Real time ultrasound guided percutaneous dilatational tracheostomy: a feasibility study
Critical Care 2011, 15:R67doi:10.1186/cc10047
22 February 2011
Real-time ultrasound-guided percutaneous dilatational tracheostomy: a feasibility study Venkatakrishna Rajajee, Jeffrey J Fletcher, Lauryn R Rochlen and Teresa L Jacob
Ultrasound (US) performed prior to percutaneous tracheostomy (PT) may be useful in avoiding injury to pretracheal vascular structures and in avoiding high placement of the tube. Bedside real-time US guidance with visualization of needle path is routinely utilized for other procedures such as central venous catheterization, and may enhance the safety and accuracy of PT without causing airway occlusion or hypercarbia. Our objective was to demonstrate that PT performed under real-time US guidance with visualization of needle path during tracheal puncture is feasible, including in patients with features that increase the technical difficulty of PT.
Mechanically ventilated patients with acute brain injury requiring tracheostomy underwent US guided PT. The orotracheal tube was withdrawn using direct laryngoscopy. The trachea was punctured under real-time US guidance (with visualization of needle path) while using the acoustic shadows of the cricoid and the tracheal rings to identify the level of puncture. After guidewire passage the site and level of entry was verified using the bronchoscope, which was then withdrawn. Following dilatation and tube placement, placement in the airway was confirmed using auscultation and the "lung sliding" sign on US. Bronchoscopy and chest X-ray were then performed to identify any complications.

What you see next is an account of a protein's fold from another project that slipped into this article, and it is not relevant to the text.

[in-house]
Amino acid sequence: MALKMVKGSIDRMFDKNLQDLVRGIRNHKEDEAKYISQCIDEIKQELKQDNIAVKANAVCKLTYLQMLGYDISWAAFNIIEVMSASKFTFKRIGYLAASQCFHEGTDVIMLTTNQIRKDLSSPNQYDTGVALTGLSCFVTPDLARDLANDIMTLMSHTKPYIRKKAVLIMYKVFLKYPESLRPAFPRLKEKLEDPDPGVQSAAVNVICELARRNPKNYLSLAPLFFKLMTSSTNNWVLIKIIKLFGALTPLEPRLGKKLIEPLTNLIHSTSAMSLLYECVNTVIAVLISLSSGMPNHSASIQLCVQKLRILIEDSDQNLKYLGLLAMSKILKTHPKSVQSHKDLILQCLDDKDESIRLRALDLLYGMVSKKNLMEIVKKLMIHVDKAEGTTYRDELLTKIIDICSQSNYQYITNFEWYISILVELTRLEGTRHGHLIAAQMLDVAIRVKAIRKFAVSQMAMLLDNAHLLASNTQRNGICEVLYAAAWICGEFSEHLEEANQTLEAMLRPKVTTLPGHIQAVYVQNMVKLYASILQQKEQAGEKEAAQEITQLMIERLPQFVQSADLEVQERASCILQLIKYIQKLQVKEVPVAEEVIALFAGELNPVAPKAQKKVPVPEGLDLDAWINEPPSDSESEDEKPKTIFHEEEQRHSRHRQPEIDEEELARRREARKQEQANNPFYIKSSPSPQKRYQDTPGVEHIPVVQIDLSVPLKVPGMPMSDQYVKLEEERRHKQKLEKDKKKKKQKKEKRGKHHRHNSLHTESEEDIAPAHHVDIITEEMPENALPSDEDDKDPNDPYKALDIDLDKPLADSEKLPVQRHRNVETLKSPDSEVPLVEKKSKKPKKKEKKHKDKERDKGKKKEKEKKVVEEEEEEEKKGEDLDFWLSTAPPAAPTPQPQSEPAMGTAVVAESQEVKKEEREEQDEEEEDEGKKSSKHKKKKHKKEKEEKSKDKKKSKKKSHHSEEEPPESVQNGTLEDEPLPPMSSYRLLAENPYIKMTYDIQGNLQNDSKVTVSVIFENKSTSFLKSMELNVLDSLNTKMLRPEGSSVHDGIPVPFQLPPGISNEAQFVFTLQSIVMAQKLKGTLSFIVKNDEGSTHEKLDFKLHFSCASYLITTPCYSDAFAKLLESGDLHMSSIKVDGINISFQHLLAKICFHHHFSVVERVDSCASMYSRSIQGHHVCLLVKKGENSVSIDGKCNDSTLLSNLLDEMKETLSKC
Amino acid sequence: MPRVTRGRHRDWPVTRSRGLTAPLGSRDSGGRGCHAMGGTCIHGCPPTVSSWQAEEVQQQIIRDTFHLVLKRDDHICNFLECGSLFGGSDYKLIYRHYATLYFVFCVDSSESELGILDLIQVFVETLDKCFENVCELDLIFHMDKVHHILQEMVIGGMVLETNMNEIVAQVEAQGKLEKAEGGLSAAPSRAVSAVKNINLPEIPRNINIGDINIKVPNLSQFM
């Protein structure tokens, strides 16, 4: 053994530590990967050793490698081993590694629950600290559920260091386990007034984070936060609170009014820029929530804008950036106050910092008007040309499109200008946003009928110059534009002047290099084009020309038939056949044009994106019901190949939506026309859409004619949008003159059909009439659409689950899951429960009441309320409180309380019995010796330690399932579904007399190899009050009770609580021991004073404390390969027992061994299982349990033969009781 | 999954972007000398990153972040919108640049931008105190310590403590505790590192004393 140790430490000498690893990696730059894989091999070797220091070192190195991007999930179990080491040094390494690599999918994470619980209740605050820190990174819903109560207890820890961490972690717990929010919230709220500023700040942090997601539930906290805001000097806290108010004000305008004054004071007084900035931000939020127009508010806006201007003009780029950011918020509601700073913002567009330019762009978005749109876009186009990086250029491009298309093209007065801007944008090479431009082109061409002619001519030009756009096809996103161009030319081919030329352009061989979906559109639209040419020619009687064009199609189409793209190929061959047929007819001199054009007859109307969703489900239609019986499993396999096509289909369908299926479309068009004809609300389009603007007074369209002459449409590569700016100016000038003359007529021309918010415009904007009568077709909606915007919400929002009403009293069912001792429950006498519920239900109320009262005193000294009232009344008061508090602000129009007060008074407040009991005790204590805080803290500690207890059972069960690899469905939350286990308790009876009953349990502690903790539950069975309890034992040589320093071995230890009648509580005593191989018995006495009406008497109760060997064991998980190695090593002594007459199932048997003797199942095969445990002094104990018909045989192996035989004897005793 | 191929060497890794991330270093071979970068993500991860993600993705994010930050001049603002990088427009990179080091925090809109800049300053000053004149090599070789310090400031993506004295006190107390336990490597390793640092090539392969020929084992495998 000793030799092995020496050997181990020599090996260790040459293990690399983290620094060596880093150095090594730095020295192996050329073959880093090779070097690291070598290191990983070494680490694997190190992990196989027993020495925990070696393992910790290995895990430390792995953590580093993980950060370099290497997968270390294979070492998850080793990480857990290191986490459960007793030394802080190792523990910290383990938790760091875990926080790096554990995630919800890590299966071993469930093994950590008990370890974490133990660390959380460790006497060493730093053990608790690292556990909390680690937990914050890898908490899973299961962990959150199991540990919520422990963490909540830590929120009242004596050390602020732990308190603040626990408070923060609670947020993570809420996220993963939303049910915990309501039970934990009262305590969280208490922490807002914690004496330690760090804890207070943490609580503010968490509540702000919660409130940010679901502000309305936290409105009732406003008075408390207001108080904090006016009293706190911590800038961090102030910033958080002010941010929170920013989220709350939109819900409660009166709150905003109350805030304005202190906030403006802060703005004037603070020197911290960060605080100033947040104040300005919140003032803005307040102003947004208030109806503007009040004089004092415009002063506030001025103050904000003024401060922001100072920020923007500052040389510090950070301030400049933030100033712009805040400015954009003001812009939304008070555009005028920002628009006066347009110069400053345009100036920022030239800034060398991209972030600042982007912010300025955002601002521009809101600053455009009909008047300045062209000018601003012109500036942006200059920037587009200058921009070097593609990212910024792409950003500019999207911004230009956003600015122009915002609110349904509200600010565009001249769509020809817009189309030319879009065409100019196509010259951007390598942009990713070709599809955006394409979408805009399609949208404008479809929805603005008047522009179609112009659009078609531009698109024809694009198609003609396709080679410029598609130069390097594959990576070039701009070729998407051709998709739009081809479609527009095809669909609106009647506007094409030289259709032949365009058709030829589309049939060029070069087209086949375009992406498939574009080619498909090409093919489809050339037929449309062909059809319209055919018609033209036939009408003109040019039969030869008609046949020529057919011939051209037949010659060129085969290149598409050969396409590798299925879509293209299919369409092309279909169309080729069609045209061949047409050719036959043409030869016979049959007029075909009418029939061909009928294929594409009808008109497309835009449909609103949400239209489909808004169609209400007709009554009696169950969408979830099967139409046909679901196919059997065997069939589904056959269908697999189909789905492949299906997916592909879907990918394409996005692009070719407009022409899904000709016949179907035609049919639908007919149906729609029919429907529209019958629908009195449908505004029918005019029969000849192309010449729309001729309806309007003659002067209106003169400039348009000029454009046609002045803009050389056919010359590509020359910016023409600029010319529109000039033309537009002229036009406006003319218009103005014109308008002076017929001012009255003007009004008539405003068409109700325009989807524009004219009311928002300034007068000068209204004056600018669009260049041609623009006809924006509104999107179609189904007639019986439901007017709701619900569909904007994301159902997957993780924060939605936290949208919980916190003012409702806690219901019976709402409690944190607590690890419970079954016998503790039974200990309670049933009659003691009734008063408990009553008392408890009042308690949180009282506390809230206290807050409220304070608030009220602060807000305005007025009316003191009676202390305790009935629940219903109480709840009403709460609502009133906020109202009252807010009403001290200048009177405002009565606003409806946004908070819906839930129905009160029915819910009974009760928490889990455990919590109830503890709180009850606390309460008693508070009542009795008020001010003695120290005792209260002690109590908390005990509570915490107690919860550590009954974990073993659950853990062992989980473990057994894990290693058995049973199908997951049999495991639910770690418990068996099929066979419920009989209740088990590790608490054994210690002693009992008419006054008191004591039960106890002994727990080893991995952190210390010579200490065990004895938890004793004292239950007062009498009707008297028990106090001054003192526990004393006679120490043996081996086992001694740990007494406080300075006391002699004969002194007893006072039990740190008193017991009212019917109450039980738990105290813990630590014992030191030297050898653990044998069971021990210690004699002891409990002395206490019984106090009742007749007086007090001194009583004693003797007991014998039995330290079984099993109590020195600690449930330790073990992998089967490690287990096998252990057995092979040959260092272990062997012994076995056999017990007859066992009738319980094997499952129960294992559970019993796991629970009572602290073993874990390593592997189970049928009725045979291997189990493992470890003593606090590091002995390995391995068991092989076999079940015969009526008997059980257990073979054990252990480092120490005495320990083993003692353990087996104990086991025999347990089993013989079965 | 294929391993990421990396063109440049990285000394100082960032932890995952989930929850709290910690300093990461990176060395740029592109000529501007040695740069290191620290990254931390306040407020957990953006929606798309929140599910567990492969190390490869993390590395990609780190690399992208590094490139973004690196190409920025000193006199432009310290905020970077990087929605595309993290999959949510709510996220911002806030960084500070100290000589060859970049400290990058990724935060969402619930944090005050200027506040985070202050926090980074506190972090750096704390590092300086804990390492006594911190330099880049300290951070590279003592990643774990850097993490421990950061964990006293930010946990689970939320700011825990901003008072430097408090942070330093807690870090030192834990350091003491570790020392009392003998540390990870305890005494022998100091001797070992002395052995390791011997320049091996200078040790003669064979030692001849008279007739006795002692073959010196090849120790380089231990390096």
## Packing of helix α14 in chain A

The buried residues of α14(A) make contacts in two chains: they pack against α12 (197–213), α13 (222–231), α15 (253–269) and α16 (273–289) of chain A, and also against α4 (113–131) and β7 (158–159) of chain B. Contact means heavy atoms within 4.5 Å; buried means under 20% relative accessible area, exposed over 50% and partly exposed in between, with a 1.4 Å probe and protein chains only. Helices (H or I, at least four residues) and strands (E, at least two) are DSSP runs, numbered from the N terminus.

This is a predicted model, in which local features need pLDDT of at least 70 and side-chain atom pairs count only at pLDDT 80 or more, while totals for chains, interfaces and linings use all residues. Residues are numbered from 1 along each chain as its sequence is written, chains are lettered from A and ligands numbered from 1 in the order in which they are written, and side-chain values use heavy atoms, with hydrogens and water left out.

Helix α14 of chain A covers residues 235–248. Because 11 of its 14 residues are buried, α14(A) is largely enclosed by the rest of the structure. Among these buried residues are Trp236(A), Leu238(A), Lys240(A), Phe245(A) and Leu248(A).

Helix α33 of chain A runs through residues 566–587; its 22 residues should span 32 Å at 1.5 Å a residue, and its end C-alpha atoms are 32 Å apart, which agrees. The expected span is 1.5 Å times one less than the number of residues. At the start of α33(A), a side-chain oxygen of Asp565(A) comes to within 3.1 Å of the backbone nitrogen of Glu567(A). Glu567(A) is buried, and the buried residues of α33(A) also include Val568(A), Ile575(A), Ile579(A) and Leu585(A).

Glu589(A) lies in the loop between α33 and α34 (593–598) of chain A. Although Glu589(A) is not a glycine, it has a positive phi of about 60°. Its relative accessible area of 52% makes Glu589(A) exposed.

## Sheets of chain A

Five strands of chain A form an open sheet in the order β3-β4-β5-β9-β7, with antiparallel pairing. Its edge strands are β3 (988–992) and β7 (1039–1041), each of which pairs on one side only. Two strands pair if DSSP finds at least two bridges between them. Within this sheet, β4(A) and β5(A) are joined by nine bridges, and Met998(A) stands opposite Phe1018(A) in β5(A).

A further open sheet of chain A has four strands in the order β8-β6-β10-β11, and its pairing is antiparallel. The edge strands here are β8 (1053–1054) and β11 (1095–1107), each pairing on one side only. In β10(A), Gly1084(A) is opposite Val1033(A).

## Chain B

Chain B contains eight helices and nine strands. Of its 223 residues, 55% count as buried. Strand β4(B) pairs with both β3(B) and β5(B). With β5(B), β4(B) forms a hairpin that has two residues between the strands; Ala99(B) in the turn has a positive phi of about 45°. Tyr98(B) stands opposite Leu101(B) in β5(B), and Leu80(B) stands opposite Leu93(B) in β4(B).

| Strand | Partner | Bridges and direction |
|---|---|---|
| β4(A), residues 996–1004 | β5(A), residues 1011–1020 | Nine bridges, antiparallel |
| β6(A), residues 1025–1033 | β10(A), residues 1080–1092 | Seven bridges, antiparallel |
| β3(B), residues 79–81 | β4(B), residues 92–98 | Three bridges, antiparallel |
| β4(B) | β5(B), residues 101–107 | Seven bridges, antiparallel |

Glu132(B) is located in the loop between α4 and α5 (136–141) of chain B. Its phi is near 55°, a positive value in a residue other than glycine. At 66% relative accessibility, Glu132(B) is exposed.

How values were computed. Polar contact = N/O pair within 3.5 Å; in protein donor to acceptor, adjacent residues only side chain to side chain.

Thirteen patients successfully underwent US guided PT. Three patients were morbidly obese, 2 were in cervical spine precautions and one had a previous tracheostomy. In all 13 patients bronchoscopy confirmed that guidewire entry was through the anterior wall and between the 1st and 5th tracheal rings.
There was no case of tube misplacement, pneumothorax, posterior wall injury, significant bleeding or other complication during the procedure.
Percutaneous Tracheostomy performed under real-time ultrasound guidance is feasible and appears accurate and safe, including in patients with morbid obesity and cervical spine precautions. Larger studies are required to further define the safety and relative benefits of this technique.